Iím pretty familiar with fish in the 500-800lb range and how to kill them.
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Old 02-07-2020, 07:30 PM   #14
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I’m already ahead of you. I have 3 100-150lb lift floats that inflate with Co2 cartridges and a harpoon with individual darts. No way a flying gaff will stick on a yak, I’ve tried it. You have to get a gill shot and anything over 8ft is hard to control enough to get in the zone and apply enough force (one handed With rod or leader in other hand).

I’m pretty familiar with fish in the 500-800lb range and how to kill them.
There you go.... Sounds like you have your shit together

Yeah the standard large flygaffs are too big to set one armed while sitting in a yak. I still use smaller flygaffs but I make my own and sharpen them razor sharp.

The lift floats and harpoon are ideal. Sounds like you've worked a sword boat.

Good luck

The first time I intentionally target sharks over 200 on a yak I hooked a big T, but after a few hours I realized that there was no way I was going to plane her up even on the eighty pound gear I was using. On a boat I could just powered up and put an angle on her, or at the very least snapped her off, but on a yak I was totally helpless. She just stayed straight down out of sight steadily pulling me out to sea like it was no big thing. It's been a while but I think she finally just spit the hook. Only time I ever wished a big fish off my line, and it was a long paddle back in.
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Old 02-08-2020, 06:54 AM   #15
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Good luck low profile. Cant wait to see what you come up with. Be safe!
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Old 02-08-2020, 12:41 PM   #16
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There you go.... Sounds like you have your shit together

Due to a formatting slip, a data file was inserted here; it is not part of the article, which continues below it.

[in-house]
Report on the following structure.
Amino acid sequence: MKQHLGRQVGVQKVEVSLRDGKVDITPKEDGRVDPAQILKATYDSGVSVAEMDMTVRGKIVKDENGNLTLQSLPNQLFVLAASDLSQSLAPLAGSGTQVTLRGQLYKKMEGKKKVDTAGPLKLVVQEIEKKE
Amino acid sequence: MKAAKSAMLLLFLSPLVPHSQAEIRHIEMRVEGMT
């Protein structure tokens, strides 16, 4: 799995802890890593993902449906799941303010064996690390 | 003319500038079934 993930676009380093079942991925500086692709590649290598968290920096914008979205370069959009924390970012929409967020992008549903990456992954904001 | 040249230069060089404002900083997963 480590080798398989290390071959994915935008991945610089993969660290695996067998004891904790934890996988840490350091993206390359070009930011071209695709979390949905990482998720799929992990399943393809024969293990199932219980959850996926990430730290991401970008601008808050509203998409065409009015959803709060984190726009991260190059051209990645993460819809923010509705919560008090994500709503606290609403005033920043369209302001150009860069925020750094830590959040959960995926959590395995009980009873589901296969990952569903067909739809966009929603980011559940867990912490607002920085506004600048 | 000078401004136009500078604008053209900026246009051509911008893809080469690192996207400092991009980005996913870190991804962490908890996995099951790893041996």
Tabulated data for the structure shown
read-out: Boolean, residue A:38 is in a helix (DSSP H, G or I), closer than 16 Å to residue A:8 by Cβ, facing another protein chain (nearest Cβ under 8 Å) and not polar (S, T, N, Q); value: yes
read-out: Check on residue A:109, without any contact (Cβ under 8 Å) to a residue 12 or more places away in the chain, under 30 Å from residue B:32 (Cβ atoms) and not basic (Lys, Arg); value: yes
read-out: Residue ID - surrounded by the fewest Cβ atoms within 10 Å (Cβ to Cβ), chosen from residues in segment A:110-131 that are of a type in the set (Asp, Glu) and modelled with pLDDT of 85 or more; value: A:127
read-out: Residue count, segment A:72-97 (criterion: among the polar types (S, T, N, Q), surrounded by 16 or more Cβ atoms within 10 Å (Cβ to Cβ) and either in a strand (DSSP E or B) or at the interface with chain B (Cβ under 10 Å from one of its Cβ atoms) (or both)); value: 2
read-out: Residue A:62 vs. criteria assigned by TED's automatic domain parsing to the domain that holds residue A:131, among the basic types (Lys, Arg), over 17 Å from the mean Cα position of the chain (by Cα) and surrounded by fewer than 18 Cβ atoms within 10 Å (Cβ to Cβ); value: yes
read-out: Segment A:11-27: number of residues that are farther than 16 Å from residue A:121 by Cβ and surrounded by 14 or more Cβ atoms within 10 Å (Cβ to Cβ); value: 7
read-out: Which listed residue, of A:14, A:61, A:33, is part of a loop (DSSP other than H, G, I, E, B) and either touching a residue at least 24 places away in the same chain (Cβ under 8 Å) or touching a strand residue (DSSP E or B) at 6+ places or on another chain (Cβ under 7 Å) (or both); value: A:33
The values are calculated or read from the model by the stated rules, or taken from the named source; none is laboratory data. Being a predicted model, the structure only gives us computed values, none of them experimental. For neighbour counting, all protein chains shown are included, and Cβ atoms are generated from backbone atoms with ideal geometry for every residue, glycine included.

Yeah the standard large flygaffs are too big to set one armed while sitting in a yak. I still use smaller flygaffs but I make my own and sharpen them razor sharp.

The lift floats and harpoon are ideal. Sounds like you've worked a sword boat.

Good luck

The first time I intentionally target sharks over 200 on a yak I hooked a big T, but after a few hours I realized that there was no way I was going to plane her up even on the eighty pound gear I was using. On a boat I could just powered up and put an angle on her, or at the very least snapped her off, but on a yak I was totally helpless. She just stayed straight down out of sight steadily pulling me out to sea like it was no big thing. It's been a while but I think she finally just spit the hook. Only time I ever wished a big fish off my line, and it was a long paddle back in.
This is the only issue I canít get over. I think a drift sock will help with adding drag and ability to apply pressure. Iíve been towed by Tís and yellows with only 15lbs of drag and the yak moves like its got a little motor attached to it. Iíll have to work this out before summer.
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Old 02-08-2020, 09:53 PM   #17
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let me know what you come up with lol they should make kayaks with drag flaps also how did you big the shark ashore just drag it all the way in like you have in your first picture? Couple years back i helped a guy that was towing a small t shark...the guy was spent so i threw him a tow line and pulled him in.
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Old 02-09-2020, 10:37 AM   #18
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let me know what you come up with lol they should make kayaks with drag flaps also how did you big the shark ashore just drag it all the way in like you have in your first picture? Couple years back i helped a guy that was towing a small t shark...the guy was spent so i threw him a tow line and pulled him in.
Ya thatís my buddy with it, he lashed it to his yak and I towed him while he peddled. We were moving at 1.5 mph and took about 3 hours to get in. Even though we bleed the shark it was still alive when we hit the beach.